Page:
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Did fish poisoning drive Polynesian colonization of the Pacific?

The reasons behind the colonization of the Pacific islands have long been sources of controversy and fascination. Now a new study looks into toxic fish poisoning as a possible migration catalyst.

Between AD 1000 and 1450, Polynesian colonization of the South Pacific flourished. The voyages that were undertaken in the discovery of these new lands were very dangerous and the people who conducted them undoubtedly had good reasons to do so. Researchers from the Florida Institute of Technology have performed research which shows that toxic ciguatera fish poisoning would provide sufficient impetus for such risky voyages.

Ciguatera fish poisoning occurs when fish inadvertently ingest toxic species of dinoflagellate microbes while swimming through infected areas. The toxin then accumulates in the food chain, reaching high levels in predatory fish such as tuna and barracuda.

Photo by B Mathy

Ciguarera poisoning in humans is characterized by gastrointestinal, cardiovascular, and neurological symptoms, with extreme cases resulting in paralysis or death. Currently it affects between 50,000 and 500,000 globally per year, mostly in tropical and sub-tropical areas. Today, alternative food sources are available when ciguatera fish poisoning occurs; this was often not the case prior to the last century, with exploration of and subsequent migrations to unaffected islands the only course of action if local fish populations became compromised for long periods of time.

For their study, researchers examined archeological and anecdotal evidence along with climatic data, revealing a loose correlation between high sea surface temperature and ciguatera outbreaks in the South Pacific. They analyzed ice cores which revealed the possibility of heightened temperatures during the period of time when many colonizing voyages are thought to have occured.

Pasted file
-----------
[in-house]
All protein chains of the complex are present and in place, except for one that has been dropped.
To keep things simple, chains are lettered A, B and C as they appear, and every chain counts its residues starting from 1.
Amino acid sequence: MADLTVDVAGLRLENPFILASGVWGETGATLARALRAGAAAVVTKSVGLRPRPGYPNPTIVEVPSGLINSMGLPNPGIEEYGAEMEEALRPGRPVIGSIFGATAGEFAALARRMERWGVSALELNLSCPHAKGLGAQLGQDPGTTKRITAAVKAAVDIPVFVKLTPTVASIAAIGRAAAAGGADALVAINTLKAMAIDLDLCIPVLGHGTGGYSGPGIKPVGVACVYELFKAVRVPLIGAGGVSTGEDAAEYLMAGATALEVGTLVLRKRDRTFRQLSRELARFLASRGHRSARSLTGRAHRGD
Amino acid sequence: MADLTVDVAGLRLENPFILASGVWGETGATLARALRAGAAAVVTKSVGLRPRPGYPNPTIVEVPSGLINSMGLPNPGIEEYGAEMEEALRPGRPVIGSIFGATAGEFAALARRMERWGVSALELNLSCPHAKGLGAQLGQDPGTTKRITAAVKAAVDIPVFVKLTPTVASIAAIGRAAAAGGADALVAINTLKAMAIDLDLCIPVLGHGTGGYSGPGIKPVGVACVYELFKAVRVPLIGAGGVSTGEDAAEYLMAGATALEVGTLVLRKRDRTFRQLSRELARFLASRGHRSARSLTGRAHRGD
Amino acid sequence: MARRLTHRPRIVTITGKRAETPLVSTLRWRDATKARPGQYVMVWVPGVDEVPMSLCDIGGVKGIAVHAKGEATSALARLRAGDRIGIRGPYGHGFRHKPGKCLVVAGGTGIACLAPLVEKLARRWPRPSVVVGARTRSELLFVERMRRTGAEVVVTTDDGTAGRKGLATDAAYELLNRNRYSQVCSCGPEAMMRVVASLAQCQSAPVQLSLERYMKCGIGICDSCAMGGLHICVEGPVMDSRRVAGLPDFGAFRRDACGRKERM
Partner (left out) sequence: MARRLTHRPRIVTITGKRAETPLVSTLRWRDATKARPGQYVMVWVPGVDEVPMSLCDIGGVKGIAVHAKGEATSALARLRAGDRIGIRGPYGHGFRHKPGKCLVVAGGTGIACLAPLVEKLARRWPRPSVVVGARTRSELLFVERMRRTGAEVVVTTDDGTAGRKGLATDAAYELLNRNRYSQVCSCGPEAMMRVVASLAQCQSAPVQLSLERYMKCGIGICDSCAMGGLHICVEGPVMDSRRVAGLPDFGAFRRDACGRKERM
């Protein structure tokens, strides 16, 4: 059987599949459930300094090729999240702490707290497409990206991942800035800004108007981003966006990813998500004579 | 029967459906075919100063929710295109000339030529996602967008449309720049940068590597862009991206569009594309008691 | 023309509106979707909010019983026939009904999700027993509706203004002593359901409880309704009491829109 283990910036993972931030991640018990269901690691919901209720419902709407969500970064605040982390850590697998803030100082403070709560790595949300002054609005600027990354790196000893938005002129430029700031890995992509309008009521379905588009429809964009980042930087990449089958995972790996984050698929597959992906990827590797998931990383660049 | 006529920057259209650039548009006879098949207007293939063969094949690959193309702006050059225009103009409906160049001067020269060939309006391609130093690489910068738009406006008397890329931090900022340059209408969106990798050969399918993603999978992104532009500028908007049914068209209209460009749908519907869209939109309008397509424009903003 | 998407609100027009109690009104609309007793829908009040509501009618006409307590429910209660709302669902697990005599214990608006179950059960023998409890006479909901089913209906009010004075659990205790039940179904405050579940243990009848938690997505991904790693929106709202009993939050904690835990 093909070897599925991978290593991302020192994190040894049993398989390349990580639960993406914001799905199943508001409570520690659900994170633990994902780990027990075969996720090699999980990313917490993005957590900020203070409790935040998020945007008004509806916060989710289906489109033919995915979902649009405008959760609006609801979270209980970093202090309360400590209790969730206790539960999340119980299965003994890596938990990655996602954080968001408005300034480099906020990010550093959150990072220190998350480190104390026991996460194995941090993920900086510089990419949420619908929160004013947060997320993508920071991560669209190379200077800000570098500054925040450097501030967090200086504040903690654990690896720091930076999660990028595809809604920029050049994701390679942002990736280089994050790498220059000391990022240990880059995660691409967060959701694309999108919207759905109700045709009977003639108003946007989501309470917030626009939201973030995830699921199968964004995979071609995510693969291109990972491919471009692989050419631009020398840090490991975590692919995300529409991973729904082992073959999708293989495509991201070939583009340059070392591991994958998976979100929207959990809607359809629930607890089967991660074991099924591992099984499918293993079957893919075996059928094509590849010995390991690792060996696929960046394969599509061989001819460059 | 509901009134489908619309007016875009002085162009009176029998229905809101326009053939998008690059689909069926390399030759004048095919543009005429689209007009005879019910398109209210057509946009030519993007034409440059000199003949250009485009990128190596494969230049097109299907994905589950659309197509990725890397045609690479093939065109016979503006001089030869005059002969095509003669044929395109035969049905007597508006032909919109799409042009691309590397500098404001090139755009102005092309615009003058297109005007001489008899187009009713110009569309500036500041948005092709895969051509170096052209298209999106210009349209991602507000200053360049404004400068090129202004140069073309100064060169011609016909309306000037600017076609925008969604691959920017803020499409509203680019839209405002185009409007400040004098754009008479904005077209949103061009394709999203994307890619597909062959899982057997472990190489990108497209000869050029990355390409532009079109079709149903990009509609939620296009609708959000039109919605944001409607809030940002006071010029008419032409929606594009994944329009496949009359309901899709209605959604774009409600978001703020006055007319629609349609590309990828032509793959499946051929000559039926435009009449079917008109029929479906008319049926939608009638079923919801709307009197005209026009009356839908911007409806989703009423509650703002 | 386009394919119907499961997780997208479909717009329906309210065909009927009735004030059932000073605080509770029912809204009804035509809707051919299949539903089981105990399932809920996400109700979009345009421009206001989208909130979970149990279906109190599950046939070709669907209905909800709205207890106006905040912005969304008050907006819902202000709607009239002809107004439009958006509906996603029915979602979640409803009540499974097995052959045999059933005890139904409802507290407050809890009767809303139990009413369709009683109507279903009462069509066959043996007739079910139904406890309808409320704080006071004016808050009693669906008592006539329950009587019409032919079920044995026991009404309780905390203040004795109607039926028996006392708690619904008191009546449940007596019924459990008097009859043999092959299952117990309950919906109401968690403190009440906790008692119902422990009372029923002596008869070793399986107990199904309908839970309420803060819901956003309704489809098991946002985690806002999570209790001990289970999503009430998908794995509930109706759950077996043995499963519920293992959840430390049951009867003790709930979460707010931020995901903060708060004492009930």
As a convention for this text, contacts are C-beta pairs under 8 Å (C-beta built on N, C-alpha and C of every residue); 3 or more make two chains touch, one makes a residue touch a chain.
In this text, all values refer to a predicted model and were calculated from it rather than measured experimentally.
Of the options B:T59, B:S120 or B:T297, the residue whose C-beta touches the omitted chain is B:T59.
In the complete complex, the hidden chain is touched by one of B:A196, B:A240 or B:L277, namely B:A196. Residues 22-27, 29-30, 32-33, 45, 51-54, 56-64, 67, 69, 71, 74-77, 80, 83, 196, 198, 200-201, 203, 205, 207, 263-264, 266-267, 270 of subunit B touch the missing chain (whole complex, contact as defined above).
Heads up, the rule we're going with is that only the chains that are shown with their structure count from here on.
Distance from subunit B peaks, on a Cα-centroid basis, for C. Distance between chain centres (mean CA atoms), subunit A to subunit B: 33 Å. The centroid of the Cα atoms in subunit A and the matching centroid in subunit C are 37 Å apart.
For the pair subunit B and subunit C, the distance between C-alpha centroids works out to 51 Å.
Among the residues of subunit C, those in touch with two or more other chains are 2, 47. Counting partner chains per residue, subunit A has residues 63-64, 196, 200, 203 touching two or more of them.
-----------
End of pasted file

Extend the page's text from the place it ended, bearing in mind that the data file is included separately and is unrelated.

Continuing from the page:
They also looked at modern migrations influenced by ciguatera fish poisoning. In the 1990s, for instance, 18% of the residents of the Cook Islands emigrated to New Zealand and Australia because ciguatera affected the islands’ coastal fish populations and the the costs of alternative, imported foods were above their means.

Until relatively recently, the South Pacific was thought to have been randomly colonized by a few intrepid individuals who found habitable islands mostly by chance. This is now known to be untrue. The Polynesians possesed advanced boat-building technology and navigational techniques with which they systematically explored the ocean, established colonies, and created far-reaching trade networks from AD 1000 to 1450 when inter-island exchange diminished and a period of relative isolation began.

There are a variety of possible reasons for this shift with perhaps the most notable being the introduction and increased reliance on domestic animals (chickens, dogs, pigs, etc.). Basically, the Polynesians didn’t have to maintain extensive trade networks or undertake mass migrations if they could simply turn inland to their livestock whenever ciguatera struck.

With the introduction of global trade, Pacific Islanders gained more alternatives to local fish. Unfortunately, most of these foods are highly processed and have large amounts sodium, sugar, and fat while offering little in the way of real nutrution. Because of this, native Pacifc Islanders have one of the highest rates of obesity in the world, with correlative high rates of diabetes, heart disease, and stroke.

Many people exclude fish from their diets because of fears of ciguatera poisoning, relying extensively on other (usually processed) foods. For instance, 71% of the residents of Rarotonga in the Cook Islands avoid coastal fish for this reason.The aim of this study was not only to uncover the motives behind historical voyages, but to also find a way to predict possible ciguatera outbreaks before they occur and thus provide a warning system to island residents.

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